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Exporting Performance Monitor log data to Microsoft Excel

Step-by-Step Guide: Exchange Server capacity planning with Performance Monitor -- part 5 of 6.

By exporting the Performance Monitor log data to Microsoft Excel, you can compare collected data on a week by week...

basis to look for long-term trends. You can even use Excel's graphing feature to display graphs of the values of individual counters.

When viewed through Notepad, the raw data you collect will look similar to what you see in Figure B. When you open your .CSV file in Microsoft Excel, it will look like Figure C.

Figure B: This is what the raw collected data looks like.
Figure B

Figure C: This is what the data looks like when viewed through Excel.
Figure C

Since we are specifically interested in long-term trends, I recommend taking an average of each collected value and then pasting that average into a separate Excel spreadsheet that contains averages for other weeks.

For example, in Figure C, you will see that Column B contains the Memory \ Available Bytes counter. The first recorded value is in Row 2 and the data goes to Row 114 (your results will vary). As such, I can put a formula in Cell B116 that computes the averages of everything in Column B. In this case, the formula would look like: @AVERAGE(B2..B114).

You can then copy this formula and paste it into the other columns along this row. Doing so will calculate the averages for each column. In the case of the Excel spreadsheet shown in Figure C (and most likely for your spreadsheet too), you should avoid averaging Column A, because it simply contains the time. Likewise, averages should start with Row 2, not Row 1, because it contains column headers, not real data.

Figure D shows what the calculated averages will look like.

Figure D: Take an average for each column.
Figure D

Once you have taken your average values for the week, place them into a spreadsheet that also contains the averages from other weeks. This will allow you to graphically view Performance Monitor data over a long duration.

Figure E is an Excel graph based on the Memory \ Available Bytes counter. For the purpose of this example graph, I used data collected every few seconds, but the exact same concept can be applied to data collected over a longer period.

Figure E: This is what it looks like when you graph Performance Monitor data through Excel.
Figure E

If I had actually made this graph with weekly averages, I could have set it up so the axis at the bottom of the graph indicated the date the average was taken. It would be unusual for a graph with a collection of weekly averages to have the sudden and long-lasting drop that is shown in this graph -- unless something major had happened with the system and additional RAM was later added to the server.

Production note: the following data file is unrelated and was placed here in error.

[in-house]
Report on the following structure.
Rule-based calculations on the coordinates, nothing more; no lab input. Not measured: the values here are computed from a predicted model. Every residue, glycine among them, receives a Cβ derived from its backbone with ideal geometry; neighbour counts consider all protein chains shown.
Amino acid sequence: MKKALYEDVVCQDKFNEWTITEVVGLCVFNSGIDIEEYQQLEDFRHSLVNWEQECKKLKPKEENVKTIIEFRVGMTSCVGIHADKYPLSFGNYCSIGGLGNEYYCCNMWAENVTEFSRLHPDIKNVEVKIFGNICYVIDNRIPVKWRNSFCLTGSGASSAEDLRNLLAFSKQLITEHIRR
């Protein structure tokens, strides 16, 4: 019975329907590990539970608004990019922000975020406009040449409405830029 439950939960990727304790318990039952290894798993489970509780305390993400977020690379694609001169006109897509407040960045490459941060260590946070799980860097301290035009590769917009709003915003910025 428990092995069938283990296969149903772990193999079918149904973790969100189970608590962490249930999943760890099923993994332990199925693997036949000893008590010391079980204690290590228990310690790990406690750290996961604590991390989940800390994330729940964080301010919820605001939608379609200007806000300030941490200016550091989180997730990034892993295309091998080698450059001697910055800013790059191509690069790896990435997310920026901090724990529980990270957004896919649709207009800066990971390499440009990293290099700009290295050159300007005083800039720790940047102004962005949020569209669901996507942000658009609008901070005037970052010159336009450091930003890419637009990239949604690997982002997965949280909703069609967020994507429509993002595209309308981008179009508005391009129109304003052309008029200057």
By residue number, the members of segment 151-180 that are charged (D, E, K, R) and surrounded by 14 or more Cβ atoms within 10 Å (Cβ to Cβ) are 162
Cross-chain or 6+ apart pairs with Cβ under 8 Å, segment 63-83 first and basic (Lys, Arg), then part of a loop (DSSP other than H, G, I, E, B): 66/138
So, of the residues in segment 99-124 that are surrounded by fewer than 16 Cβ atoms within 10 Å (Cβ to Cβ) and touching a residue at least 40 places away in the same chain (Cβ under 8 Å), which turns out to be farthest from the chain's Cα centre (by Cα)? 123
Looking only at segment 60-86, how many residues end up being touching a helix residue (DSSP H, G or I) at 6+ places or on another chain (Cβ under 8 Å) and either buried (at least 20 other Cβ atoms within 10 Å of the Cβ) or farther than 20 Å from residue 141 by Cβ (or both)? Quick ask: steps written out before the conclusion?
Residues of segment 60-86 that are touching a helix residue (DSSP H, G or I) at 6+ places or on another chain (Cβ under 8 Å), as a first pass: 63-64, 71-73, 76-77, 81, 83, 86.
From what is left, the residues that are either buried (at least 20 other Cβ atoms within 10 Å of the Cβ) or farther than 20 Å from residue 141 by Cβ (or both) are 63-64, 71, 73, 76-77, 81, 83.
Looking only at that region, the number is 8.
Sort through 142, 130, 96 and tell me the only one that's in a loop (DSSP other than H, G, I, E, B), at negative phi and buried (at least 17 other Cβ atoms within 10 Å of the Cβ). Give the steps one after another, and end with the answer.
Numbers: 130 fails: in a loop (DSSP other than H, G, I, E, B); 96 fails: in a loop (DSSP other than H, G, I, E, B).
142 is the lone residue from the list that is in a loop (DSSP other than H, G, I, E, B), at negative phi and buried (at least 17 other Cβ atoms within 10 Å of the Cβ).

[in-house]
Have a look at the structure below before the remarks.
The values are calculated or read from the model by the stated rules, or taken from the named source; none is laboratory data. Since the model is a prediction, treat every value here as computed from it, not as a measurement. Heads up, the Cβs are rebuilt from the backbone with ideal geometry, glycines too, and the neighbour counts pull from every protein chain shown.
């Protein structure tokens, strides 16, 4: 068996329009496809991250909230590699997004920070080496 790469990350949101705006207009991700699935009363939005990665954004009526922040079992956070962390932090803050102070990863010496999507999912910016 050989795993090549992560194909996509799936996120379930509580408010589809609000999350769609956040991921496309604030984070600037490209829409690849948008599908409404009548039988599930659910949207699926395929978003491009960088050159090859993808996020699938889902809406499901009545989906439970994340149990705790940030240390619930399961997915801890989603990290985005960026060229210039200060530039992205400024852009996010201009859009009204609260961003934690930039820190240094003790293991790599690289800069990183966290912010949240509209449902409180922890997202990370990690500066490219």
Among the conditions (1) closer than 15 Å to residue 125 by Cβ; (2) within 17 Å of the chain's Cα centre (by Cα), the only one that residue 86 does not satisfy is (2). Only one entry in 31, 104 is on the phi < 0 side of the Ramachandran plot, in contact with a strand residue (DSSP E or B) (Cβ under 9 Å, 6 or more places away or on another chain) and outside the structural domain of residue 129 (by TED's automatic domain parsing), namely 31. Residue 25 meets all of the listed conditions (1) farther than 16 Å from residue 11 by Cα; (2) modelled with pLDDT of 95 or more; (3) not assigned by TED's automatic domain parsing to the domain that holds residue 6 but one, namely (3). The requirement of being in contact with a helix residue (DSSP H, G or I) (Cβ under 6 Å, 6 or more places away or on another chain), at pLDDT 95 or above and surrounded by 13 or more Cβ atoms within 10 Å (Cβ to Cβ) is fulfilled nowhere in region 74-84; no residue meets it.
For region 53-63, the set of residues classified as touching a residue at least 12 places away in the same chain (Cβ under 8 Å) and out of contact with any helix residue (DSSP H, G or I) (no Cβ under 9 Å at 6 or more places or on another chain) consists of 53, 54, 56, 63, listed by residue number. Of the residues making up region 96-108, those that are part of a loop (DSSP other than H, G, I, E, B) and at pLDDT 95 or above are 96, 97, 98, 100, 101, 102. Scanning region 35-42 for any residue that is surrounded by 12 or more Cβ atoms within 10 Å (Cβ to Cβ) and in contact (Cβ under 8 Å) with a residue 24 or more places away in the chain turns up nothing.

A graph of weekly averages would more often look like the data that's shown after the drop. It would vary from week to week, but would show a definite trend over time.

It's this trend that is important to understand. If, for example, you noticed that the average Memory \ Available bytes was gradually dropping over time (even if some weeks showed an increase in average available memory), you could use that information to predict when your server's current memory might become inadequate, and use that prediction to justify additional Exchange Server hardware acquisitions.


STEP-BY-STEP GUIDE: EXCHANGE CAPACITY PLANNING WITH PERFORMANCE MONITOR

Home: Introduction
Step 1: An introduction to Performance Monitor as a trend-analysis tool 
Step 2: Configuring Performance Monitor for Exchange Server
Step 3: Reading and analyzing Performance Monitor logs for Exchange Server
Step 4: Viewing a Performance Monitor log data summary report
Step 5: Exporting Performance Monitor log data to Microsoft Excel
Step 6: Related links from SearchExchange.com
 

ABOUT THE AUTHOR:   Brien M. Posey, MCSE, is a Microsoft Most Valuable Professional for his work with Exchange Server, and has previously received Microsoft's MVP award for Windows Server and Internet Information Server (IIS). Brien has served as CIO for a nationwide chain of hospitals and was once responsible for the Department of Information Management at Fort Knox. As a freelance technical writer, Brien has written for Microsoft, TechTarget, CNET, ZDNet, MSD2D, Relevant Technologies and other technology companies. You can visit Brien's personal Web site at http://www.brienposey.com.

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